7 Potential Reasons for Your Hand Numbness

Learn the most common causes of hand numbness to determine whether you should see a doctor. Numbness in your hands or lower arms isn’t necessarily a cause for concern. In general, hand numbness is caused by compression, irritation, or damage to a nerve or a branch of a nerve in your arm and wrist. It can often be a side effect of a medication or a natural response to spending too much time performing a repetitive task such as typing on a keyboard. When your hand numbness is caused by a medical condition, you will typically experience additional symptoms that can help you determine whether it’s time to see a…

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Common Hand Conditions in Musicians

Repetitive motion can give musicians hand and wrist injuries, which may require physical therapy. Athletes aren’t the only professionals who have to contend with injuries — any musician knows the aches and pains of their craft. Unlike athletes, however, musicians are often reluctant to treat injuries. Any musician should know how to recognize the chronic hand and wrist injuries that can result from musicianship, and how to deal with them before they get worse. Making a commitment to music can mean grueling hours in rehearsal, but gritting your teeth through pain can permanently harm the nerves, tendons, and muscles in your hands and wrists. Avoiding treatment for a music-related injury…

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How Do Ganglion Cysts Form?

Though benign, ganglion cysts can be painful and limit your wrist’s mobility. If painful, you might want to consider treatment options. Ganglion cysts are small sacs filled with a jelly-like substance that most often appear on the back of the wrist. Typically, these cysts don’t cause pain and dissolve on their own. However, if the nodule bumps up against a nerve or interferes with the joint’s mobility, you may want to seek treatment. These benign cysts form within the tendon sheath — the connective tissue between muscle and bone — eventually ballooning into a mass that may grow up 2.5 centimeters in diameter. Because ganglion cysts develop from a tendon,…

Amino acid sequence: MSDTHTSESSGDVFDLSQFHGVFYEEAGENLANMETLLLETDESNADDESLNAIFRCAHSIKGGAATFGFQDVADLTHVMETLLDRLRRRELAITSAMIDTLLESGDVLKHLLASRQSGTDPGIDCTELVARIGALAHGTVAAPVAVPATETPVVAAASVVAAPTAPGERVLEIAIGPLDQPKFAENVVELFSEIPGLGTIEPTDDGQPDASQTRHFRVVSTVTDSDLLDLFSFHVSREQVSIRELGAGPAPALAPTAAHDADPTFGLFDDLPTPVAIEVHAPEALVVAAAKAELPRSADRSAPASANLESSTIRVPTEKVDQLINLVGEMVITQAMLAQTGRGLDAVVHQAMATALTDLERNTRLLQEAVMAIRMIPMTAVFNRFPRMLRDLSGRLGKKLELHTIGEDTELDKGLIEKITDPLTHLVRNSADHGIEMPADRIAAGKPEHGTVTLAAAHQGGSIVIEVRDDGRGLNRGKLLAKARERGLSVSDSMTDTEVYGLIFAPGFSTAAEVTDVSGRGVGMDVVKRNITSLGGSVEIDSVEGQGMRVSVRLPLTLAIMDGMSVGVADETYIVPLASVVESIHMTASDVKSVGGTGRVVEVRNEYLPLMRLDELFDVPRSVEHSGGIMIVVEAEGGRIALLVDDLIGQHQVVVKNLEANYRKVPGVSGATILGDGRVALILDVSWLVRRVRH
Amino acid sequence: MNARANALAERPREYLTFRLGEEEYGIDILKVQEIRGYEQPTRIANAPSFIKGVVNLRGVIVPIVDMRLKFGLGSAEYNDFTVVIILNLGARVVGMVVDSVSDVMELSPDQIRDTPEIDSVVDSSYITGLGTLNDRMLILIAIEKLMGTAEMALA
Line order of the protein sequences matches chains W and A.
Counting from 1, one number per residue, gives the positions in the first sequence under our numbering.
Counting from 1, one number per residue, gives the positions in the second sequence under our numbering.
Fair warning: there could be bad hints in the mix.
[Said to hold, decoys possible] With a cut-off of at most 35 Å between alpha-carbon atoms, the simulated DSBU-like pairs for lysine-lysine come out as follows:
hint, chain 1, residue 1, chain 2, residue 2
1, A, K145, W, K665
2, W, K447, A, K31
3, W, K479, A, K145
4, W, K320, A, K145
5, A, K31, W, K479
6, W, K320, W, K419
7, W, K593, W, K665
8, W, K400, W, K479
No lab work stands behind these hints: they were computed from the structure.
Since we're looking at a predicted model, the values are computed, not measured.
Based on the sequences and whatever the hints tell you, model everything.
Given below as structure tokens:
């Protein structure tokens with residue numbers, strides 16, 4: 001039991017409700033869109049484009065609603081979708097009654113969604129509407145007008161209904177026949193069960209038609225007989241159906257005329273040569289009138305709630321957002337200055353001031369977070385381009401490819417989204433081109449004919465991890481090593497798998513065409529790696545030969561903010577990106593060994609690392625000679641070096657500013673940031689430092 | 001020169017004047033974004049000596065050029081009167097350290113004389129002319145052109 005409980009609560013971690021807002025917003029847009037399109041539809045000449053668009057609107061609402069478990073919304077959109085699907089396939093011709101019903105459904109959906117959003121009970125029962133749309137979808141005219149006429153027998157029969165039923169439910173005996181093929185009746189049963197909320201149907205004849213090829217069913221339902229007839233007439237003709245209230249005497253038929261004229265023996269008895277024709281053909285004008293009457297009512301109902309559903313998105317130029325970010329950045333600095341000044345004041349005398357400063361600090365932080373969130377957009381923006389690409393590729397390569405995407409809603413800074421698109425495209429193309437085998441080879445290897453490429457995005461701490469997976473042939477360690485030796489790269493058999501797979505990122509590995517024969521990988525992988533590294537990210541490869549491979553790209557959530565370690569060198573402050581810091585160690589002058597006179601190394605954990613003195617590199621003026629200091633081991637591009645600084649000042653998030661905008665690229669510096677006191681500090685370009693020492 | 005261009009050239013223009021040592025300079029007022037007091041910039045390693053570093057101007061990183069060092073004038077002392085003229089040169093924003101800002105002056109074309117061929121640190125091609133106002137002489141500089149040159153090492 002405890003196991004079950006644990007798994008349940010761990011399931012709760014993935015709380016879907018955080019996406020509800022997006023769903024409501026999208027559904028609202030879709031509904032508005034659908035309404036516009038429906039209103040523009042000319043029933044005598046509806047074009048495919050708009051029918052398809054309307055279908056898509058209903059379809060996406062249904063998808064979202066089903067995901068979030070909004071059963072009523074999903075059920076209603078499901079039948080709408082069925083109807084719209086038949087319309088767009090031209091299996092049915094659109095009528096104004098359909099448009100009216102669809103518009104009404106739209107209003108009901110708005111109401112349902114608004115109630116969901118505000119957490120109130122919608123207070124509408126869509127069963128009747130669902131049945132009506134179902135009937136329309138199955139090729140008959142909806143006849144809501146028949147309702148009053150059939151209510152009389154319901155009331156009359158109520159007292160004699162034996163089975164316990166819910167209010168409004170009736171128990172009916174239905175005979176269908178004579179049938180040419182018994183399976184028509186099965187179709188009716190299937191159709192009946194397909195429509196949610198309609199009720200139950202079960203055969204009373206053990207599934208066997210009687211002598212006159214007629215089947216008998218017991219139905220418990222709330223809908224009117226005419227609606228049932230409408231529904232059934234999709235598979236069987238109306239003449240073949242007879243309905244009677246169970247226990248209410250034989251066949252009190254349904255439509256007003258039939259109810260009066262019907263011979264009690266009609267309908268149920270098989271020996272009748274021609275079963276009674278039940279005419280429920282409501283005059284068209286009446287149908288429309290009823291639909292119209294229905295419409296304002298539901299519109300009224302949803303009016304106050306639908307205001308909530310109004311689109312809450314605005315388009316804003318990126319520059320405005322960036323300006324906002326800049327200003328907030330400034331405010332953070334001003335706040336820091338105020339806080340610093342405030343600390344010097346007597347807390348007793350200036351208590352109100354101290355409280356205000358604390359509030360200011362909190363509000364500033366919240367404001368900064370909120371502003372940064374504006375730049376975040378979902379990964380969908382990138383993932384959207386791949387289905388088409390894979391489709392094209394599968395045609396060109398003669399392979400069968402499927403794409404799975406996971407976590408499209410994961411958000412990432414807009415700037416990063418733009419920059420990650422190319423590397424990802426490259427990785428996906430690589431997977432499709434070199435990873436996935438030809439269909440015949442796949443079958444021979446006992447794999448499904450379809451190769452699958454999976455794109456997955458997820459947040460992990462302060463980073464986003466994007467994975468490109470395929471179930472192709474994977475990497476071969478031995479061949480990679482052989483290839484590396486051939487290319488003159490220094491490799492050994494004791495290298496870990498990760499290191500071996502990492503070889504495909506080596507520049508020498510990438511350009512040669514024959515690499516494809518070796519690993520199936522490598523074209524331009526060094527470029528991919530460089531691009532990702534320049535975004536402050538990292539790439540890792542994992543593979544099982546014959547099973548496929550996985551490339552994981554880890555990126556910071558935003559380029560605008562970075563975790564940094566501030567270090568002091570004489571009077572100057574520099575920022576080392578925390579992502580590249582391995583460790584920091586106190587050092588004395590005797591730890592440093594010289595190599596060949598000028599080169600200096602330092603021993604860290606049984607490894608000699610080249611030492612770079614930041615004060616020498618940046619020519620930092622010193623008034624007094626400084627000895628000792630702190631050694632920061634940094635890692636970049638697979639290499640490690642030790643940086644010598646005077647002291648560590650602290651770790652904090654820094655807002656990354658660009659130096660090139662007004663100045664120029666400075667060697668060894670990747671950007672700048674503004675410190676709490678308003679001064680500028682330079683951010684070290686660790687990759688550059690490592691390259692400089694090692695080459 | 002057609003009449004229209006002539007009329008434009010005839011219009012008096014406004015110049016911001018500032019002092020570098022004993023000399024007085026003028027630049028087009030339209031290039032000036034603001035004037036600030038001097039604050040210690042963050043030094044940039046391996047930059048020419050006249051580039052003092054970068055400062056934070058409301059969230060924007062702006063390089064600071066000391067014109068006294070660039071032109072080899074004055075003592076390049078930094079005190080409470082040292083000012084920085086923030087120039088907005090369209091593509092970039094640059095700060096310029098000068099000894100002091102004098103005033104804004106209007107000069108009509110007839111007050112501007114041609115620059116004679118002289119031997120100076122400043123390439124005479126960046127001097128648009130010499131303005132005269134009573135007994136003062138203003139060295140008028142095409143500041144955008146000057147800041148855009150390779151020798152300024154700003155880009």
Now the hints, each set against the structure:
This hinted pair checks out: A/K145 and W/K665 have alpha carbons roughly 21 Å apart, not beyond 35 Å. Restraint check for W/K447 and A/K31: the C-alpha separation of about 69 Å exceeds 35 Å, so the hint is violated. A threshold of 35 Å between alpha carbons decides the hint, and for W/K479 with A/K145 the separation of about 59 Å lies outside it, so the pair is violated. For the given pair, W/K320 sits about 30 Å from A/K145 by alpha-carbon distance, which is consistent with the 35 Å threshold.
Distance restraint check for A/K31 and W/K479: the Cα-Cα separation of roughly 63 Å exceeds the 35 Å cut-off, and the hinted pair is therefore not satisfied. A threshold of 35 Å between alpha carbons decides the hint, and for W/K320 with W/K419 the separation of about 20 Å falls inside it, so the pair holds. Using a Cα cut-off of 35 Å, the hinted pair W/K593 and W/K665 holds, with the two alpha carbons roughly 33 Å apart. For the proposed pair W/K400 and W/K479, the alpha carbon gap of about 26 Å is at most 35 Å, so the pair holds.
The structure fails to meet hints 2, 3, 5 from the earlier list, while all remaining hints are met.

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The Most Common Causes of Wrist Fractures

Wrist fractures are extremely painful and debilitating. If you’ve broken your wrist, don’t delay treatment. The wrist consists of eight small bones that connect to the two bones in the forearm, the radius and ulna. Although any of those bones can break, resulting in a wrist fracture, fractures most commonly occur in the lower end of the larger of the two forearm bones, the distal radius.  Such a break, known as a distal radius fracture, typically results when we attempt to stop a fall with an outstretched hand while skiing or snowboarding, or when we suffer a powerful blow to the wrist, such as in a car accident. People with…

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Can You Treat a Ganglion Cyst at Home?

Ganglion cysts are bumps on the wrist that rarely cause discomfort. But if they do, they’re easily treated with at-home remedies. Have you noticed a lump on your wrist? It could be a ganglion cyst. Sprouting along the tendons of the wrist, a noncancerous, fluid-filled ganglion cyst is typically quite small — usually less than an inch wide — and has an oval or round shape. Ganglion cysts have no definitive cause, although they tend to form when fluid builds up in the tissues around a tendon or joint, resulting in a nodule. The condition is most common among women between 20 and 40, people with osteoarthritis in their top…

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What is Dupuytren’s Contracture?

An orthopedic condition affecting the fingers and hand, Dupuytren’s contracture progresses so slowly that many people are unaware they have it until its later stages. In the condition’s advanced stages, patients may have extremely bent fingers, and they’ll likely experience difficulty doing everyday activities such as shaking hands, putting on gloves, and handling large objects. In its earliest phase, Dupuytren’s contracture shows up as lumps of tissue under the skin of the palm of the hand. Patients may also notice a dimpling of the skin. According to the Dupuytren Research Group, about 15 million Americans aged 35 or over have the disorder if those experiencing early signs are counted. As…

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Dorsal Wrist Pain: When Pain in the Back of Your Wrist Is a Cause for Concern

A common orthopedic complaint among gymnasts, yoga practitioners, and even non-athletes, pain along the back of the wrist is known medically as dorsal wrist impingement syndrome, a condition that arises when the lining of the joint, or capsule, becomes inflamed and thickens. Specifically, the inflammation is located in the capsule between the extensor carpi radialis brevis tendon, a forearm muscle that controls the wrist, and the scaphoid bone, one of the carpal bones on the thumb side of the wrist between the hand and forearm. When the capsule is inflamed, individuals typically experience a pinching pain when the wrist is bent backward. That’s most likely because repeated extensions of the…

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